Annual Register, Volume 10

Couverture
Edmund Burke
1768
0 Avis
Les avis ne sont pas validés, mais Google recherche et supprime les faux contenus lorsqu'ils sont identifiés
 

Avis des internautes - Rédiger un commentaire

Aucun commentaire n'a été trouvé aux emplacements habituels.

Autres éditions - Tout afficher

Expressions et termes fréquents

Fréquemment cités

Page 207 - How sleep the brave, who sink to rest, By all their country's wishes blest ! When Spring, with dewy fingers cold, Returns to deck their hallowed mould, She there shall dress a sweeter sod Than Fancy's feet have ever trod. By fairy hands their knell is rung ; By forms unseen their dirge is sung : There Honour comes, a pilgrim gray, To bless the turf that wraps their clay ; And Freedom shall awhile repair, To dwell a weeping hermit there ! TO MERCY.
Page 254 - And Lot lifted up his eyes, and beheld all the plain of Jordan, that it was well watered every where, before the LORD destroyed Sodom and Gomorrah, even as the garden of the LORD, like the land of Egypt, as thou comest unto Zoar.
Page 254 - Is not the whole land before thee? separate thyself, I pray thee, from me : if thou wilt take the left hand, then I will go to the right ; or if thou depart to the right hand, then I will go to the left.
Page 120 - Therefore was the wrath of the LORD kindled against his people, insomuch that he abhorred his own inheritance.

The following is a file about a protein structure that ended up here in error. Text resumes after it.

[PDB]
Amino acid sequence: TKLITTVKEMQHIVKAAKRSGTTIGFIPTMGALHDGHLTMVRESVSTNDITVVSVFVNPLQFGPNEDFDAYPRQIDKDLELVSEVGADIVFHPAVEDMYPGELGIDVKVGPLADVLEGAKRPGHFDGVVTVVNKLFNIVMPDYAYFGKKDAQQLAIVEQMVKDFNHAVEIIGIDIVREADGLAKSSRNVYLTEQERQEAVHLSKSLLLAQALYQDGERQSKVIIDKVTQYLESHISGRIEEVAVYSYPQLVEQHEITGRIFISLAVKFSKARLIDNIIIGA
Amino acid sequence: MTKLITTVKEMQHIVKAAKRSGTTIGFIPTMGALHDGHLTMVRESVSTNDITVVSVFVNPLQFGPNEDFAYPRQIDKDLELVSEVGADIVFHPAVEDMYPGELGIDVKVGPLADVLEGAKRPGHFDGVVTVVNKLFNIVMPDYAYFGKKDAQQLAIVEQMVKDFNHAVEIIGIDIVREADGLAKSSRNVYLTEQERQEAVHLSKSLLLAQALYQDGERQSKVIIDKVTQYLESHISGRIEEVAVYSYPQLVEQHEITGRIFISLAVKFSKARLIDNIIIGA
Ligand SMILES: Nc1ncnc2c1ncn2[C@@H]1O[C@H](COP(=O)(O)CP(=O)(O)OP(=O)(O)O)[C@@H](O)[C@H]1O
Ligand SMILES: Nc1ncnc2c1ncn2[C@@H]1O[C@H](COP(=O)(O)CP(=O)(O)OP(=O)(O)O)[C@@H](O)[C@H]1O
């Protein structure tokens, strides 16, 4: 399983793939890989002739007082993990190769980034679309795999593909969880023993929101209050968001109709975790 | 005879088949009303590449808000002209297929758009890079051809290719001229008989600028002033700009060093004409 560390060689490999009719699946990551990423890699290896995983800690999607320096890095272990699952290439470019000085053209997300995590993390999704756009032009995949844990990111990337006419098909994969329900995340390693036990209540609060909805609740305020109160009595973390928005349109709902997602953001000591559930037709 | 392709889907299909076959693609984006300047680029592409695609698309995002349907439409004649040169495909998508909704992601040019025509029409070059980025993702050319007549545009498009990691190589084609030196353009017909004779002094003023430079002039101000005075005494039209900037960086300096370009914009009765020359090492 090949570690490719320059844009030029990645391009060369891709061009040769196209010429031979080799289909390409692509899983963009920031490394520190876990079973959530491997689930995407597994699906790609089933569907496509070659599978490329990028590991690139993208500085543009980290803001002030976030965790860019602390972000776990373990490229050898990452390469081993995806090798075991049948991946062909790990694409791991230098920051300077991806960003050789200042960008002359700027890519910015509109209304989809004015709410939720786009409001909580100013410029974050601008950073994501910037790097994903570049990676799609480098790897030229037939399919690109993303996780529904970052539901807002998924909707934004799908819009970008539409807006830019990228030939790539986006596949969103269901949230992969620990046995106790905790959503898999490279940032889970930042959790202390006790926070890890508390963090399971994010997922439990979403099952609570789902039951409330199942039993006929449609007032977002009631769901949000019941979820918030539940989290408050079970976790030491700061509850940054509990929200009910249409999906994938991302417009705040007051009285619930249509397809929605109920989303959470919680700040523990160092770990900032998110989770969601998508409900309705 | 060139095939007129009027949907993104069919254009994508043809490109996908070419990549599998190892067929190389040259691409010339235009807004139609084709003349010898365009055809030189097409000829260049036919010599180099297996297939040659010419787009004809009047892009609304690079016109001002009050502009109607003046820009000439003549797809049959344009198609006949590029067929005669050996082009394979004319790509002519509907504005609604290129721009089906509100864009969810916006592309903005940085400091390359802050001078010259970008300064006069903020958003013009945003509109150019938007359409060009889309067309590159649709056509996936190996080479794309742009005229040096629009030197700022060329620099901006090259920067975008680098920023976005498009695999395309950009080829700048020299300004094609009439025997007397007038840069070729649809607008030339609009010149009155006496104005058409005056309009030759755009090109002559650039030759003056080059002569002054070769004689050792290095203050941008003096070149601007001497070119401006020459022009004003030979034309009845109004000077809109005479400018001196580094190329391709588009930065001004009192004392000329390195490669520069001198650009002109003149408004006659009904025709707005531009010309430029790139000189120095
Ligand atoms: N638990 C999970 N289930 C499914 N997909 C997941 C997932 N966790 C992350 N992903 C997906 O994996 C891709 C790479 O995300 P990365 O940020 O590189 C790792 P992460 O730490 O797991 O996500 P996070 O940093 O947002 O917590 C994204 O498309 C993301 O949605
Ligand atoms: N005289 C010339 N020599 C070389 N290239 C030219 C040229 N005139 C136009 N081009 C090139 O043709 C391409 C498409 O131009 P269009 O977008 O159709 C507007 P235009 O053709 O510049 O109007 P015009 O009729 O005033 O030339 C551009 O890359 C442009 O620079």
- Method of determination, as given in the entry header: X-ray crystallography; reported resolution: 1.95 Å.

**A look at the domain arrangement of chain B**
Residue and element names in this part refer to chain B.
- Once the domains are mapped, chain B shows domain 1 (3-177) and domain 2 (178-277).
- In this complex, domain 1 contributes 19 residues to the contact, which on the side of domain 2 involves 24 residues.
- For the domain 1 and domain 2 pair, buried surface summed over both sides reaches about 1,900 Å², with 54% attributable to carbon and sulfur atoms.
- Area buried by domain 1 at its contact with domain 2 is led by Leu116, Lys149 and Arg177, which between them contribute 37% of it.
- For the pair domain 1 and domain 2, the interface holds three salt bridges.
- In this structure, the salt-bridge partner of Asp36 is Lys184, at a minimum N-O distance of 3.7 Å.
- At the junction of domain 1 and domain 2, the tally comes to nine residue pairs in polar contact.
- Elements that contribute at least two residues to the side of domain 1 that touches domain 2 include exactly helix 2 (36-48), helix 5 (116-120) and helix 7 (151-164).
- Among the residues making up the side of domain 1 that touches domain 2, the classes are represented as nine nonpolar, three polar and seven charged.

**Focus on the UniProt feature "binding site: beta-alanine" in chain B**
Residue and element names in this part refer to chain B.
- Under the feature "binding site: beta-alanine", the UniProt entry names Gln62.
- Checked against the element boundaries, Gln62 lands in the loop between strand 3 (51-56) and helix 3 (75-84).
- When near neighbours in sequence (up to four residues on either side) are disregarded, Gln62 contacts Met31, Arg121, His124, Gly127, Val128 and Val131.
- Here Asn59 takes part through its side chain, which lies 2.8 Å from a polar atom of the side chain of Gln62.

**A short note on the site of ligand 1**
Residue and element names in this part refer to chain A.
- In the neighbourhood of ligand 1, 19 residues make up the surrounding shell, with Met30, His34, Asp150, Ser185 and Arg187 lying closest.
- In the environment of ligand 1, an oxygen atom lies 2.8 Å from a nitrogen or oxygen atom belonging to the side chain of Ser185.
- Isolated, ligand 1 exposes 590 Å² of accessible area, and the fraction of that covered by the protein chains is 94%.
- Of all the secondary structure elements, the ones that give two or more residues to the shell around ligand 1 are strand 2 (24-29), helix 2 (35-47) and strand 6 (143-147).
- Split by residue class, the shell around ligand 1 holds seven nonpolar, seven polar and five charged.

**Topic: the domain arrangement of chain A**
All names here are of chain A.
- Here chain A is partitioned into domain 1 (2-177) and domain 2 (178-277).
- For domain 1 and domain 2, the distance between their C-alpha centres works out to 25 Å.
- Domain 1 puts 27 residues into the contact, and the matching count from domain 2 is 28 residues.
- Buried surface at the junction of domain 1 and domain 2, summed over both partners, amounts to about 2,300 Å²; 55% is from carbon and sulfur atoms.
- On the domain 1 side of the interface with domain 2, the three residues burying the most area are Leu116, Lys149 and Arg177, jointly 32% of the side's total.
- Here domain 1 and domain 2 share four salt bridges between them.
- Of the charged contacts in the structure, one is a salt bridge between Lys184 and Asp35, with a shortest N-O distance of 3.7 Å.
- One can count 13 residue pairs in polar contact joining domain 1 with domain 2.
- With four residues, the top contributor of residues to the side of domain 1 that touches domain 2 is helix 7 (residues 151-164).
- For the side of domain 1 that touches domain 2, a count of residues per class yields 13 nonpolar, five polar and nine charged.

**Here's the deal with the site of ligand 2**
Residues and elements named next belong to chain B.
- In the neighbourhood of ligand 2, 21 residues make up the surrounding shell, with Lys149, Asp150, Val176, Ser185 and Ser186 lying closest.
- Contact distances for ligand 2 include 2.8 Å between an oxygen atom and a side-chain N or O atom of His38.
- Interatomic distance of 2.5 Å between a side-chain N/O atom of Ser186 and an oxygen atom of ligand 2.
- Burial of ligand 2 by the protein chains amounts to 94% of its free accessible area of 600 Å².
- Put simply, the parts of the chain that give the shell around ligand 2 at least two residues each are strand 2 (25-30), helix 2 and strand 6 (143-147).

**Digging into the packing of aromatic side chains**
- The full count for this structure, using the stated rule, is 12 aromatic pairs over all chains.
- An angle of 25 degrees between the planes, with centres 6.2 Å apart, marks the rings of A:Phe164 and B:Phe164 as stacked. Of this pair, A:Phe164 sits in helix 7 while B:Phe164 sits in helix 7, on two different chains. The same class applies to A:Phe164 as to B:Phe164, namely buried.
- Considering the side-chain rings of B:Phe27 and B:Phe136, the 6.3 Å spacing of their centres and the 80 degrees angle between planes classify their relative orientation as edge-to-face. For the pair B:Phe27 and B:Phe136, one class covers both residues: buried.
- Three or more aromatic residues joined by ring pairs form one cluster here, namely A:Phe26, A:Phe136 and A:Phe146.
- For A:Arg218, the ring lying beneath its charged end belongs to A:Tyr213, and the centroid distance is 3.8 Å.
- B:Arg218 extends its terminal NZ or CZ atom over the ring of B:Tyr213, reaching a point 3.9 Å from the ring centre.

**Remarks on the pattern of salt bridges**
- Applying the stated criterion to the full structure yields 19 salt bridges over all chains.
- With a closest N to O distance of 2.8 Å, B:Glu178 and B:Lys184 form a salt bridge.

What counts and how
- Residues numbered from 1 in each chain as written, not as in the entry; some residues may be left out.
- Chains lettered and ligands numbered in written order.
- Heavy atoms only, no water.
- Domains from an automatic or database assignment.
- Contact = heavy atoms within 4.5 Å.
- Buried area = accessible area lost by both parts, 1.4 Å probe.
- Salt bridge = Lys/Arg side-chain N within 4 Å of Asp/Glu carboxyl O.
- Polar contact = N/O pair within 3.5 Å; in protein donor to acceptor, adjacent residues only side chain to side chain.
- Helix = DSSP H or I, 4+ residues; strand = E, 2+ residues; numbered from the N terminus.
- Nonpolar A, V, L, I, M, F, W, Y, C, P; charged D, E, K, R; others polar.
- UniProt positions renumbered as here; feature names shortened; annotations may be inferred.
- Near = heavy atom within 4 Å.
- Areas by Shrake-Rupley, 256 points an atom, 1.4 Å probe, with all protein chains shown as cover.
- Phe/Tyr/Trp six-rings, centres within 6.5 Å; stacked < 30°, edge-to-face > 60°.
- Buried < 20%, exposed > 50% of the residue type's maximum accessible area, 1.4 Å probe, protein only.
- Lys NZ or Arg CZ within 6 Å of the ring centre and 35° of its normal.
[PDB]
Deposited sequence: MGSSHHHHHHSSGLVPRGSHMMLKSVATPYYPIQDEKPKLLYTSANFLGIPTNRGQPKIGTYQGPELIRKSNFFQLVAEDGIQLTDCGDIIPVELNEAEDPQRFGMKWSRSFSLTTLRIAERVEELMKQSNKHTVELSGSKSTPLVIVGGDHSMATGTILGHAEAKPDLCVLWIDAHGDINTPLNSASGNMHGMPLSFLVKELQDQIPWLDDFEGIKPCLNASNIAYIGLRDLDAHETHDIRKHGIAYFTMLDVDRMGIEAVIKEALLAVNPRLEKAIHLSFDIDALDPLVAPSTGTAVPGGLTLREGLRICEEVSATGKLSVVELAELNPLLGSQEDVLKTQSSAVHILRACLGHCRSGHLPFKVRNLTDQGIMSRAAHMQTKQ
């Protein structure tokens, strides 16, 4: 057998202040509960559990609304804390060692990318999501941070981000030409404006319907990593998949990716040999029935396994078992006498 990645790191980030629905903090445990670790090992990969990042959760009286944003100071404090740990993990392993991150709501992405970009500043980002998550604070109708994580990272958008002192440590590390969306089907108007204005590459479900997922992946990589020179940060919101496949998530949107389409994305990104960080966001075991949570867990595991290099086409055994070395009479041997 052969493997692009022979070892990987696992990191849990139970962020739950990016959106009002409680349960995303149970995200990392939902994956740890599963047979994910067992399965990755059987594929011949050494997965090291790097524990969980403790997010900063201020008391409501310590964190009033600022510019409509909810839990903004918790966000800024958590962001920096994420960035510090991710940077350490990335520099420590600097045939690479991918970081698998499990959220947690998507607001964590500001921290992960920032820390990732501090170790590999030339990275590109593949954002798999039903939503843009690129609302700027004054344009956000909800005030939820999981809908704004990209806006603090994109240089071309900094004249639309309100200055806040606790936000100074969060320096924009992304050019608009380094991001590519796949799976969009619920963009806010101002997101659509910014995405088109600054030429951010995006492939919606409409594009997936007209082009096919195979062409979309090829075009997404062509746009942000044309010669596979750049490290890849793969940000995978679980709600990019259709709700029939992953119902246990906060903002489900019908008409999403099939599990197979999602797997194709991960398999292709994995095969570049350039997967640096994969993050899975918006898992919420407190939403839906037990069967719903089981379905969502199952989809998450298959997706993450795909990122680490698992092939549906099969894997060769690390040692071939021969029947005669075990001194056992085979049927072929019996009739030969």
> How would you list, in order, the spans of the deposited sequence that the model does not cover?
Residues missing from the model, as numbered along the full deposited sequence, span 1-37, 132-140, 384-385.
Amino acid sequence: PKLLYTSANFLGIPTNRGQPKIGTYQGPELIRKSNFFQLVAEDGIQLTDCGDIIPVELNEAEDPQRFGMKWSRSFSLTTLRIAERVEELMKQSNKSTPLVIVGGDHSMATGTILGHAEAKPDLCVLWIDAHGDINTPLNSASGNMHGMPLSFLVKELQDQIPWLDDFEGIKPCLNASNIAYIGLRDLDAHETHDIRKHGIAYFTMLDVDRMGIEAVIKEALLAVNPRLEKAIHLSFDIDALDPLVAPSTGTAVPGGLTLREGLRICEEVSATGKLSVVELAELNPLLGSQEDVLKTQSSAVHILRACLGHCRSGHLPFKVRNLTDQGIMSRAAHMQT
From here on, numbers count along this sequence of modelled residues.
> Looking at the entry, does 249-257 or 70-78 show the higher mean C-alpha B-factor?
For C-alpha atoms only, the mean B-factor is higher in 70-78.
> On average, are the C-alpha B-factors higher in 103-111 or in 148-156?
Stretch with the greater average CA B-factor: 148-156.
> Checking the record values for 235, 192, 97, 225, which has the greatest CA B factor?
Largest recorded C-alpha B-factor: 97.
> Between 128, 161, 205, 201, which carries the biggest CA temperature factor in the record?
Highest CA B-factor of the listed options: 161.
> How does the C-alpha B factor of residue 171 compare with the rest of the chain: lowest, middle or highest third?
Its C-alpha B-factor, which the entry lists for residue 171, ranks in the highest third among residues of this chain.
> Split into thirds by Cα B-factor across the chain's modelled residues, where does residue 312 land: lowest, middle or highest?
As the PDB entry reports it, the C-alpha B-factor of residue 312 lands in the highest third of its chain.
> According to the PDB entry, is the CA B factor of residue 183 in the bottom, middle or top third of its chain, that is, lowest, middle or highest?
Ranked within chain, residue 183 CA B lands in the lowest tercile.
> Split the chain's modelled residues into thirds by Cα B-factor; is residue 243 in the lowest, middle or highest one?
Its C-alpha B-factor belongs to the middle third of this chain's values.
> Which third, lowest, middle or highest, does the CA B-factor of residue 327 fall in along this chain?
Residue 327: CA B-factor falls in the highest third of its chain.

Page 251 - ... strictly speaking) there is no foundation in nature or in natural law, why a set of words upon parchment should convey the dominion of land...
Page 266 - ... openly and humbly kneeling, being ungirt, uncovered, and holding up his hands both together between those of the lord, who...
Page 264 - that the king is the universal lord and original proprietor of all the lands in his kingdom, and that no man doth or can possess any part of it, but what has mediately or immediately been derived as a gift from him, to be held upon feudal services.
Page 63 - His Majefty went to the Houfe of Peers, and gave the royal aflent to the following bills, viz. The bill for puniihing mutiny and defertion, and for the better payment of the army and their quarters.
Page 251 - ... from a determinate spot of ground, because his father had done so before him ; or why the occupier of a particular field or of a jewel, when lying on his death-bed, and no longer able to maintain possession, should be entitled to tell the rest of the world which of them should enjoy it after him.
Page 255 - ... by giving it opportunities of improving its rational faculties, as well as of exerting its natural.

Informations bibliographiques